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  Hiatal Hernia  
 
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Signs, symptoms and indicators | Conditions that suggest it | Recommendations

 

A hiatus hernia occurs when the upper part of the stomach moves into the thoracic cavity (chest) through an enlarged esophageal hiatus (opening) in the diaphragm. Hiatus hernias are common and may be seen in up to 60% of the population over 50 years old. Although often asymptomatic, sufferers complain of chest pain or heartburn with esophageal reflux, aggravated by alcohol, smoking, coffee and highly acidic foods. Discomfort is worse laying down after eating and the diagnosis is often made by special X-Rays (barium swallow).

Chest pain from hiatal hernia and/or esophageal spasms may be extremely difficult to distinguish from chest pain of cardiac origin. The symptoms of pain spreading from below the sternum (breastbone) to the neck, jaw, and arms can mimic the symptoms of coronary artery disease. If you experience any of these symptoms, it is best to immediately seek medical care to evaluate your problem.

Coughing, vomiting, straining, or sudden physical exertion can cause increased pressure in the abdomen resulting in hiatal hernia. Obesity and pregnancy also contribute to this condition. Many otherwise healthy people age 50 and over have a small hiatal hernia. Although considered a condition of middle age, hiatal hernias affect people of all ages.

Hiatal hernias usually do not require treatment. However, treatment may be necessary if the hernia is in danger of becoming strangulated (twisted in a way that cuts off blood supply, i.e. paraesophageal hernia) or is complicated by severe GERD or esophagitis (inflammation of the esophagus). The doctor may perform surgery to reduce the size of the hernia or to prevent strangulation.
 

 
 

Signs, symptoms & indicators of Hiatal Hernia:
 
 
Symptoms - Metabolic  Having a slight/having a moderate/having a high fever
 
 

Conditions that suggest Hiatal Hernia:
 
 
Digestion  Heartburn / GERD
 Hiatal hernia often causes burning and difficulty in swallowing. Hiatal hernia and GERD can both cause heartburn.
 
 

Recommendations for Hiatal Hernia:
 
 
Botanical  Comfrey (Symphytum officionale)
  Aloe Vera

Diet

  Increased Water Consumption
 Some people are helped by drinking 16oz (half liter) of water after a meal. This gives the stomach extra weight which may pull it downward and allow better closure of the lower esophageal sphincter. Additional downward pressure can be achieved by jumping off a chair after a meal before or after drinking the 16oz of water. The sudden stop on landing has been shown to reduce hiatal hernias and also caused heartburn symptoms to subside.
 
 


KEY
Weak or unproven link
Strong or generally accepted link
May do some good
Likely to help







GLOSSARY

Asymptomatic:  Not showing symptoms.

Cardiac:  Pertaining to the heart, also, pertaining to the stomach area adjacent to the esophagus.

Diaphragm:  The muscle separating the stomach from the chest.

Esophagus:  Commonly called the "food pipe", it is a narrow muscular tube, about nine and a half inches long, that begins below the tongue and ends at the stomach. It consists of an outer layer of fibrous tissue, a middle layer containing smoother muscle, and an inner membrane, which contains numerous tiny glands. It has muscular sphincters at both its upper and lower ends. The upper sphincter relaxes to allow passage of swallowed food that is then propelled down the esophagus into the stomach by the wave-like peristaltic contractions of the esophageal muscles. There is no protective mucosal layer, so problems can arise when digestive acids reflux into the esophagus from the stomach.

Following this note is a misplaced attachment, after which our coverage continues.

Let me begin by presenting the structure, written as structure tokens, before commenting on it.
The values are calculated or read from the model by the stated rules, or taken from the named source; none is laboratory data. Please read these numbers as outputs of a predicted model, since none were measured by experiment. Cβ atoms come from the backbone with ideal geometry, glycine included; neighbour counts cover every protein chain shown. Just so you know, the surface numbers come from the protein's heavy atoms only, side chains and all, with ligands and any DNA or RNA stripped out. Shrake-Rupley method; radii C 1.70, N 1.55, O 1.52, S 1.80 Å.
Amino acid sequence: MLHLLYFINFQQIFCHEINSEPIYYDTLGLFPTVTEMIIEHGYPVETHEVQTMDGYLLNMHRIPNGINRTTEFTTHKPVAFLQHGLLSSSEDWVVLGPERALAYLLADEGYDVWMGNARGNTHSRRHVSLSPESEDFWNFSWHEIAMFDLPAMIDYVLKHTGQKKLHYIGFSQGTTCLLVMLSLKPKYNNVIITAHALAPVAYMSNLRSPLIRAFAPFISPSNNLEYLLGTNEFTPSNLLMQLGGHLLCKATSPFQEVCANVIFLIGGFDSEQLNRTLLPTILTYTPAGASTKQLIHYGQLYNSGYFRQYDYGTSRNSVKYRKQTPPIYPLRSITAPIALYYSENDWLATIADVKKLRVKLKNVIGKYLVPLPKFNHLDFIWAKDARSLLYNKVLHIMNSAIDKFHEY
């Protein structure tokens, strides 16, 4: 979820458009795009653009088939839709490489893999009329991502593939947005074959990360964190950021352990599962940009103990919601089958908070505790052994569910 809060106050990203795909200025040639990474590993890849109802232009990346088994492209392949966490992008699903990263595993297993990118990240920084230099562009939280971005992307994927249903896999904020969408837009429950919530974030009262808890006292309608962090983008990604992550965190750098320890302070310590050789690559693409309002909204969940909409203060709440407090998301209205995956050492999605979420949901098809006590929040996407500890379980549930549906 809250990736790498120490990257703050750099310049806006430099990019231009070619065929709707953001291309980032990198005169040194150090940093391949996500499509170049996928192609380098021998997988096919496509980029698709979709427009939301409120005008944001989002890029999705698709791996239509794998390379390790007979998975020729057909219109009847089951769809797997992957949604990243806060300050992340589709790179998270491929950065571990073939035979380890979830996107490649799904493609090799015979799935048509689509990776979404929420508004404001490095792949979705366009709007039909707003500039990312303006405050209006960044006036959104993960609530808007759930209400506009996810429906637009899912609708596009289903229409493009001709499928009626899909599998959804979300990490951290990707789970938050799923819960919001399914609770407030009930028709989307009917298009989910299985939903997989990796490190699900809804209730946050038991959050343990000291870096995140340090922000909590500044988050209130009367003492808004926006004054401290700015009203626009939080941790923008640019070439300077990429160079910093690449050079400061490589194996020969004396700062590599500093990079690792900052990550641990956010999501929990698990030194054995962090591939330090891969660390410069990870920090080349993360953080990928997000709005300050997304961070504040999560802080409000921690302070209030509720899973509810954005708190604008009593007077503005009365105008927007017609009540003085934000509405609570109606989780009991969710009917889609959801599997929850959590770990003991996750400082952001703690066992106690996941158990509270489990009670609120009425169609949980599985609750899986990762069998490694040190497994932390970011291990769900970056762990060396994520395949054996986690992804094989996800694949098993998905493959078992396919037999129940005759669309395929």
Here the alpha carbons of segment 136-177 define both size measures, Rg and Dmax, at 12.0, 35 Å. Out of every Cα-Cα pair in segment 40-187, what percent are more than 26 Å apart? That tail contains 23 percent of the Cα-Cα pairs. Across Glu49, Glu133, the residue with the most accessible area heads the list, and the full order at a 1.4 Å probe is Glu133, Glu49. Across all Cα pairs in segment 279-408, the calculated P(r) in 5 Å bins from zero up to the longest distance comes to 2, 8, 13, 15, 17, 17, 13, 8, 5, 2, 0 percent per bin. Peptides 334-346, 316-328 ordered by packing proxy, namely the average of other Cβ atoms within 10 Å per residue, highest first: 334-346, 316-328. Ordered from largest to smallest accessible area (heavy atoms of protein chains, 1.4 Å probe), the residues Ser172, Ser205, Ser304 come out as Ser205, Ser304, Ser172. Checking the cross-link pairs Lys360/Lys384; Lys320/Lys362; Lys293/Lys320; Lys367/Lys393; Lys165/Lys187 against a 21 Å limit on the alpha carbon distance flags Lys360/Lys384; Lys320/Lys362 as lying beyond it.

Gastric Reflux Disease:  Gastro-Esophageal Reflux Disease (GERD). A common relapsing condition affecting approximately 10% of the U.S. population and caused by an abnormal exposure of the lower esophagus to refluxed gastric contents, causing irritation and injury to the esophageal tissues. GERD develops as a result of relaxations of the transient lower esophageal sphincter. Typical presenting symptoms are heartburn, an epigastric burning sensation and acid regurgitation. However, some patients may present with atypical symptoms such as chest pain, shortness of breath, wheezing, and coughing.

Hiatal Hernia:  Hiatal hernia occurs when the upper part of the stomach moves up into the chest through a small opening in the diaphragm (a diaphragmatic hiatus). This is a common problem and most people are not bothered by it. A hernia may allow stomach acid to flow back into the esophagus ("food pipe"), where it can cause problems. The most common symptom is burning in your chest (heartburn), especially at night when you are lying down. Other possible signs include burping and trouble swallowing.

Stomach:  A hollow, muscular, J-shaped pouch located in the upper part of the abdomen to the left of the midline. The upper end (fundus) is large and dome-shaped; the area just below the fundus is called the body of the stomach. The fundus and the body are often referred to as the cardiac portion of the stomach. The lower (pyloric) portion curves downward and to the right and includes the antrum and the pylorus. The function of the stomach is to begin digestion by physically breaking down food received from the esophagus. The tissues of the stomach wall are composed of three types of muscle fibers: circular, longitudinal and oblique. These fibers create structural elasticity and contractibility, both of which are needed for digestion. The stomach mucosa contains cells which secrete hydrochloric acid and this in turn activates the other gastric enzymes pepsin and rennin. To protect itself from being destroyed by its own enzymes, the stomach’s mucous lining must constantly regenerate itself.